#9 – Buffalo Sabres – Joakim Kemell, RW, JYP (Liiga)

(Kevin) What Buffalo selects here is a physical sniper who wants to score on every shift. His ability to elevate his game in crucial moments and his desire to win are what really make him stand out. He’ll have the perfect mentor to round out his game in Buffalo in Alex Tuch, so this might be the best place for this small bulldog to end up. This is a high-floor pick that fits the needs of the Sabres who already have Victor Olofsson and Tuch at the position for now.

#10 –Anaheim Ducks – Denton Mateychuk, LD, Moose Jaw (WHL)

(Norm) A very mobile defenceman who enjoys jumping into the rush with aplomb.  His puck-carrying skills are elite at this level.  Denton is arguably the best skater in this draft among defenders.  In his own zone, he also defends very well.  His hockey sense is excellent.  The Ducks moved two veteran defencemen before the trade deadline so they very much need to replenish their depth in that department.

#11 – San Jose Sharks – Kevin Korchinski, LD, Seattle (WHL)

(Brian) There are a few words that come to mind regarding San Jose’s back end.  Overpaid, overrated, and disaster are some of them.  The prospect pool doesn’t have a lot either so this is one of those areas where team need and BPA line up nicely.  Korchinski has the offensive skill set to be an impact defender and as he fills out and learns to play a more mature defensive game, he should become a well-rounded player over time.  If his playmaking finds another gear, he could be a top-pairing player and if not, he’d fit in nicely inside their top four just as their aging veterans are getting ready to retire.

#12 – Columbus Blue Jackets – Pavel Mintyukov, LD, Saginaw Spirit (OHL)

(Kevin) After selecting Savoie at #6, the raw potential of the offensively gifted Mintyukov was just too much to pass up on at this point. The Jackets already have Zach Werenski and Adam Boqvist at the position, but Mintyukov is a player that will need some seasoning on the defensive side of things. His raw talent is undeniable as he scored at a near-point-per-game pace on a team that was in the basement in terms of scoring in the OHL.

#13 – New York Islanders – Liam Ohgren, LW/C, Djurgardens (SWE Jr.)

(Norm) An excellent skater with both acceleration and speed, combined with a high compete level. Ohgren is a very good two-way player also, with high-level hockey sense and passing skills.  Has a pro-sized body already, and played well enough in the Swedish men’s league, although he got little ice time.  While playing in the Swedish junior league, he was the most dominant scorer, setting a record for 1.93 points per game.  He has a very deceptive shot, that he can launch in different ways to foot a goaltender.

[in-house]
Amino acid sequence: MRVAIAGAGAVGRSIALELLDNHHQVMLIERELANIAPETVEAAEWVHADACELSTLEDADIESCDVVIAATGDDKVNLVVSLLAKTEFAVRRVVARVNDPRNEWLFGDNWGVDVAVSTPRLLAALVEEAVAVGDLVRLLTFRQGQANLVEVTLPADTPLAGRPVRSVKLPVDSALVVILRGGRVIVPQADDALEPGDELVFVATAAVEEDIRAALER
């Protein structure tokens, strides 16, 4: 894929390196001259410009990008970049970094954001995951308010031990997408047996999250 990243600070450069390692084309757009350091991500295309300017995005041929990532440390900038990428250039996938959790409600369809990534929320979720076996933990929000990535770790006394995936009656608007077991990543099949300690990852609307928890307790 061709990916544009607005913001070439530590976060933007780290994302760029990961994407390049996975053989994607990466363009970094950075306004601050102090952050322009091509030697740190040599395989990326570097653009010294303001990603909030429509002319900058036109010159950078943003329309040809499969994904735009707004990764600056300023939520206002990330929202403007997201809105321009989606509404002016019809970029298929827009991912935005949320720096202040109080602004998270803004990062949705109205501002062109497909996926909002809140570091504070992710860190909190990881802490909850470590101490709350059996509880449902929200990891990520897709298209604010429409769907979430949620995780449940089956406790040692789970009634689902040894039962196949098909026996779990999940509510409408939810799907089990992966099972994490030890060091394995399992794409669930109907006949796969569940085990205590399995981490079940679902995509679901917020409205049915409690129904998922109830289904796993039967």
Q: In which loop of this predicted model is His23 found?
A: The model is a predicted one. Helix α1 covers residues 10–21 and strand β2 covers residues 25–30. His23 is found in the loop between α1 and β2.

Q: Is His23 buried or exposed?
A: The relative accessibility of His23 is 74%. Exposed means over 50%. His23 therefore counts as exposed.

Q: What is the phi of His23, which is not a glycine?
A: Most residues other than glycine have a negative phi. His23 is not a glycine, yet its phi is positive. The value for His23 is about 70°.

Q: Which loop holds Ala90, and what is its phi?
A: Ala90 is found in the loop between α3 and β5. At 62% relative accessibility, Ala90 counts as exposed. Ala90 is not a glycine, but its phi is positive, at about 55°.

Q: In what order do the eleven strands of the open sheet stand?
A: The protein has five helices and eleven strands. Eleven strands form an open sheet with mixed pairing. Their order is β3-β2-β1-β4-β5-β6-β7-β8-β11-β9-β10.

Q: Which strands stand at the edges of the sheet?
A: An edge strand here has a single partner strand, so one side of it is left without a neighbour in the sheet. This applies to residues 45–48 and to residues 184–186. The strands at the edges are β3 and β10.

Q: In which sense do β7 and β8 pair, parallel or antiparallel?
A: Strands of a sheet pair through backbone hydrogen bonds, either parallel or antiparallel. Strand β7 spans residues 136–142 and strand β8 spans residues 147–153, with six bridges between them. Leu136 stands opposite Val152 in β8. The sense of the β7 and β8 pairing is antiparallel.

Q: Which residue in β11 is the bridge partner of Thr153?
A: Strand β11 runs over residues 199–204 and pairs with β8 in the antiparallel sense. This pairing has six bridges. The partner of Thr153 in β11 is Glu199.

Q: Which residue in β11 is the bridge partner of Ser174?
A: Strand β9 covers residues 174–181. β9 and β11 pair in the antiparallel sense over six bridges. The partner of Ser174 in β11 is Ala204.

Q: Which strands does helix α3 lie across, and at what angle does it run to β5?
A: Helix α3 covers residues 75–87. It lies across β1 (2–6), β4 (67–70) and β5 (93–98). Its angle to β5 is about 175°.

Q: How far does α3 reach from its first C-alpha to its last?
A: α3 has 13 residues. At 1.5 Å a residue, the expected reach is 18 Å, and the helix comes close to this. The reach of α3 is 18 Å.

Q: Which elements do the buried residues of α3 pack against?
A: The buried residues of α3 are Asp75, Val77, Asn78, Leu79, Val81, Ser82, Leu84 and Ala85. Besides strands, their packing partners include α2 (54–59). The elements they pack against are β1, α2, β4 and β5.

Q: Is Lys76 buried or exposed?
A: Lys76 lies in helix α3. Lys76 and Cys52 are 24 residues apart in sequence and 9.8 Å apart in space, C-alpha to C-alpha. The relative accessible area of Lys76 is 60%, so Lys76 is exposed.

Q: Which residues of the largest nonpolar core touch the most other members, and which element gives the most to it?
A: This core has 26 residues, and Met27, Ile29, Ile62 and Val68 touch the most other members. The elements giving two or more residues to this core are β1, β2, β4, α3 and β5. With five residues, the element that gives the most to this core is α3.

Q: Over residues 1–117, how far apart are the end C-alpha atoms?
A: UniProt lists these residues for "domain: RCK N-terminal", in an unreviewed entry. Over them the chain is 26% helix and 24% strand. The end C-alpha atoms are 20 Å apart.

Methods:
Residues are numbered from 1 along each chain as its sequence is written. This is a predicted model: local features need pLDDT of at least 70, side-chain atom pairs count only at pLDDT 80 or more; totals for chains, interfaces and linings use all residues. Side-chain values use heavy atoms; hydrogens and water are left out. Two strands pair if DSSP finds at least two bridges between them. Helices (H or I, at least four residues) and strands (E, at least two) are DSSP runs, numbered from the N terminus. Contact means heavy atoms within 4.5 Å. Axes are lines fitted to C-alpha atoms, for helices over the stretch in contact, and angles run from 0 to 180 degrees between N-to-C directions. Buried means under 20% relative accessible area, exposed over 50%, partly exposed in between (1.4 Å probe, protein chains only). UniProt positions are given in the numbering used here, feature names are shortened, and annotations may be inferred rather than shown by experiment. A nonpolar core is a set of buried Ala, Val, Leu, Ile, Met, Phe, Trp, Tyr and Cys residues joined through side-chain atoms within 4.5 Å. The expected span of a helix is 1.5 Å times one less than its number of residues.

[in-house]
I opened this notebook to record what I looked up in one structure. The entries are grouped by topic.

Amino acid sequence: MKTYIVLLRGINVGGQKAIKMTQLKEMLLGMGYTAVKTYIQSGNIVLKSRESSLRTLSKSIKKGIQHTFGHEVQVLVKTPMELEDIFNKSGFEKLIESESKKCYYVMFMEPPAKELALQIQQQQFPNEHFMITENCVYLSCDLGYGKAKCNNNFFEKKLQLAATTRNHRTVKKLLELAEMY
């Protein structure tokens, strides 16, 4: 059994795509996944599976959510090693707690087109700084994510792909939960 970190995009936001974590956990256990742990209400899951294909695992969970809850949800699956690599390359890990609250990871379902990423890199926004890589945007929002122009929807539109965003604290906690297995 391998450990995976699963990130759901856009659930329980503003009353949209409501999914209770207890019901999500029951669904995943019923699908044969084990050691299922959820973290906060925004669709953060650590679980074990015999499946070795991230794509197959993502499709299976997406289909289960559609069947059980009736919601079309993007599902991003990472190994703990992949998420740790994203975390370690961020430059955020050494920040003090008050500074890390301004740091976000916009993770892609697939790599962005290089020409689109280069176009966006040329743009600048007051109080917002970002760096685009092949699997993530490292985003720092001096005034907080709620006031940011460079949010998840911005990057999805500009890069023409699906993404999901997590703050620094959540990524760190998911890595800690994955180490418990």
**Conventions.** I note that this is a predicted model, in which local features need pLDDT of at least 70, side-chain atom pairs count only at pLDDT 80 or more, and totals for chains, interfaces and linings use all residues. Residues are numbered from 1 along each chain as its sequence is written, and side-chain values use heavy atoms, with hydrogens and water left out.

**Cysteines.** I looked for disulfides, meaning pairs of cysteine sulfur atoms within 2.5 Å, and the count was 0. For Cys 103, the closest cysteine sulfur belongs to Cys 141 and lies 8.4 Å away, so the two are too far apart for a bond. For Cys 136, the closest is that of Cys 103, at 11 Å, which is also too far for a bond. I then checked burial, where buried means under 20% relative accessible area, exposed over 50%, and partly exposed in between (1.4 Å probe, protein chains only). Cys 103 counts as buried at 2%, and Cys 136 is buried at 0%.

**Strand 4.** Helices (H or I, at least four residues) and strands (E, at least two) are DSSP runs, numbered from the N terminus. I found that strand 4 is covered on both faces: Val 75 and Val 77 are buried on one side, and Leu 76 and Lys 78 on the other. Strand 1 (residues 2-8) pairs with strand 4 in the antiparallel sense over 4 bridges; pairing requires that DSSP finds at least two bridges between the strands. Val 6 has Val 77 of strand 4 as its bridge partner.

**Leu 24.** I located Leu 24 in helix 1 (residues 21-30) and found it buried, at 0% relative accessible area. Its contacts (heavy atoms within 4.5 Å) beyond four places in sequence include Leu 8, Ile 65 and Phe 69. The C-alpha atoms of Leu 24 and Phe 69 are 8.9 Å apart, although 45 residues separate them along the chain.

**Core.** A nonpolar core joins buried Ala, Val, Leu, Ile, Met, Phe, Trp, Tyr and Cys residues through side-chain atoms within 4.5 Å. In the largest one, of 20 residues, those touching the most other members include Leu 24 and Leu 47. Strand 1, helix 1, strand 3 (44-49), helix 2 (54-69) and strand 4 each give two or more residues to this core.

#14 – Winnipeg Jets – Conor Geekie, C, Winnipeg (WHL)

(Brian) What once looked like a long-term solution down the middle in Winnipeg isn’t looking so certain now.  Pierre-Luc Dubois doesn’t want to sign a long-term deal and Mark Scheifele’s future seems murky as well.  The prospect pool isn’t great either so this is more of a needs-based pick than BPA.  Geekie plays a physical style that should fit in well in the Western Conference and while he probably isn’t a future top centre, he should be able to slot in on the second line.  The Jets should have had more viewings of him than anyone else so if he doesn’t wind up going here, it might be a bit of a red flag.

#15 – Vancouver Canucks – Frank Nazar, C, USNTDP (USHL)

(Kevin) With rumours of a J.T. Miller trade, drafting a centre might be the most logical thing for the Canucks. However, Nazar is a smaller player and may end up moving to the wing at the next level. I think this is the steal of the first round, as many rank Nazar as a high-ceiling player who skates like the wind and has fantastic vision. Some have even compared his ceiling to Cooley. Much like Cole Caufield a few years ago, if that amount of skill slips this far, there should be no hesitation for Vancouver.

#16 – Buffalo Sabres – Jonathan Lekkerimaki, RW, Djurgardens (SWE Jr.)

(Norm) Lekkerimaki is a pure sniper and is able to shoot in different ways from anywhere on the ice to fool goaltenders.  He’s a strong skater also, capable of carrying the puck into the offensive zone and then setting up a teammate for a good scoring chance. Jonathan is one of the biggest risers in this draft, partly due to an outstanding performance at the Under-18 tournament this spring. Lekkerimaki is a decent defensive player, capable of playing well both ways. He can be inconsistent in that aspect of the game, but that’s common with forwards who are focussed on first-line duties.

#17 – Nashville Predators – Marco Kasper, C, Rogle (SHL)

(Brian) There’s a lot of projection with Kasper compared to others in the top half of the draft which makes him a candidate to slip a bit.  He’s a very safe selection and his floor is a physical power centre that can play an important role for a long time.  But will his offensive game, which needs a lot of work, develop enough for him to become a top-six player?  The question mark is enough to drop Kasper out of the top ten and the Predators, whose future centre depth isn’t great, would make sense as a landing spot.

#18 – Dallas Stars – Danila Yurov, LW, Metallurg Magnitogorsk (KHL)

(Kevin) Yurov is a higher floor guy which is perfect for Dallas who already has Jason Robertson at the position for years to come. His ceiling is likely as a second-line winger, but he accomplished a rare feat by getting, and staying with his KHL club as a 17-year-old which displays the maturity in his game. He plays a 200-foot game, but also showed some flashes of wow when playing in the MHL earlier in the season. The challenge might be getting him to North America.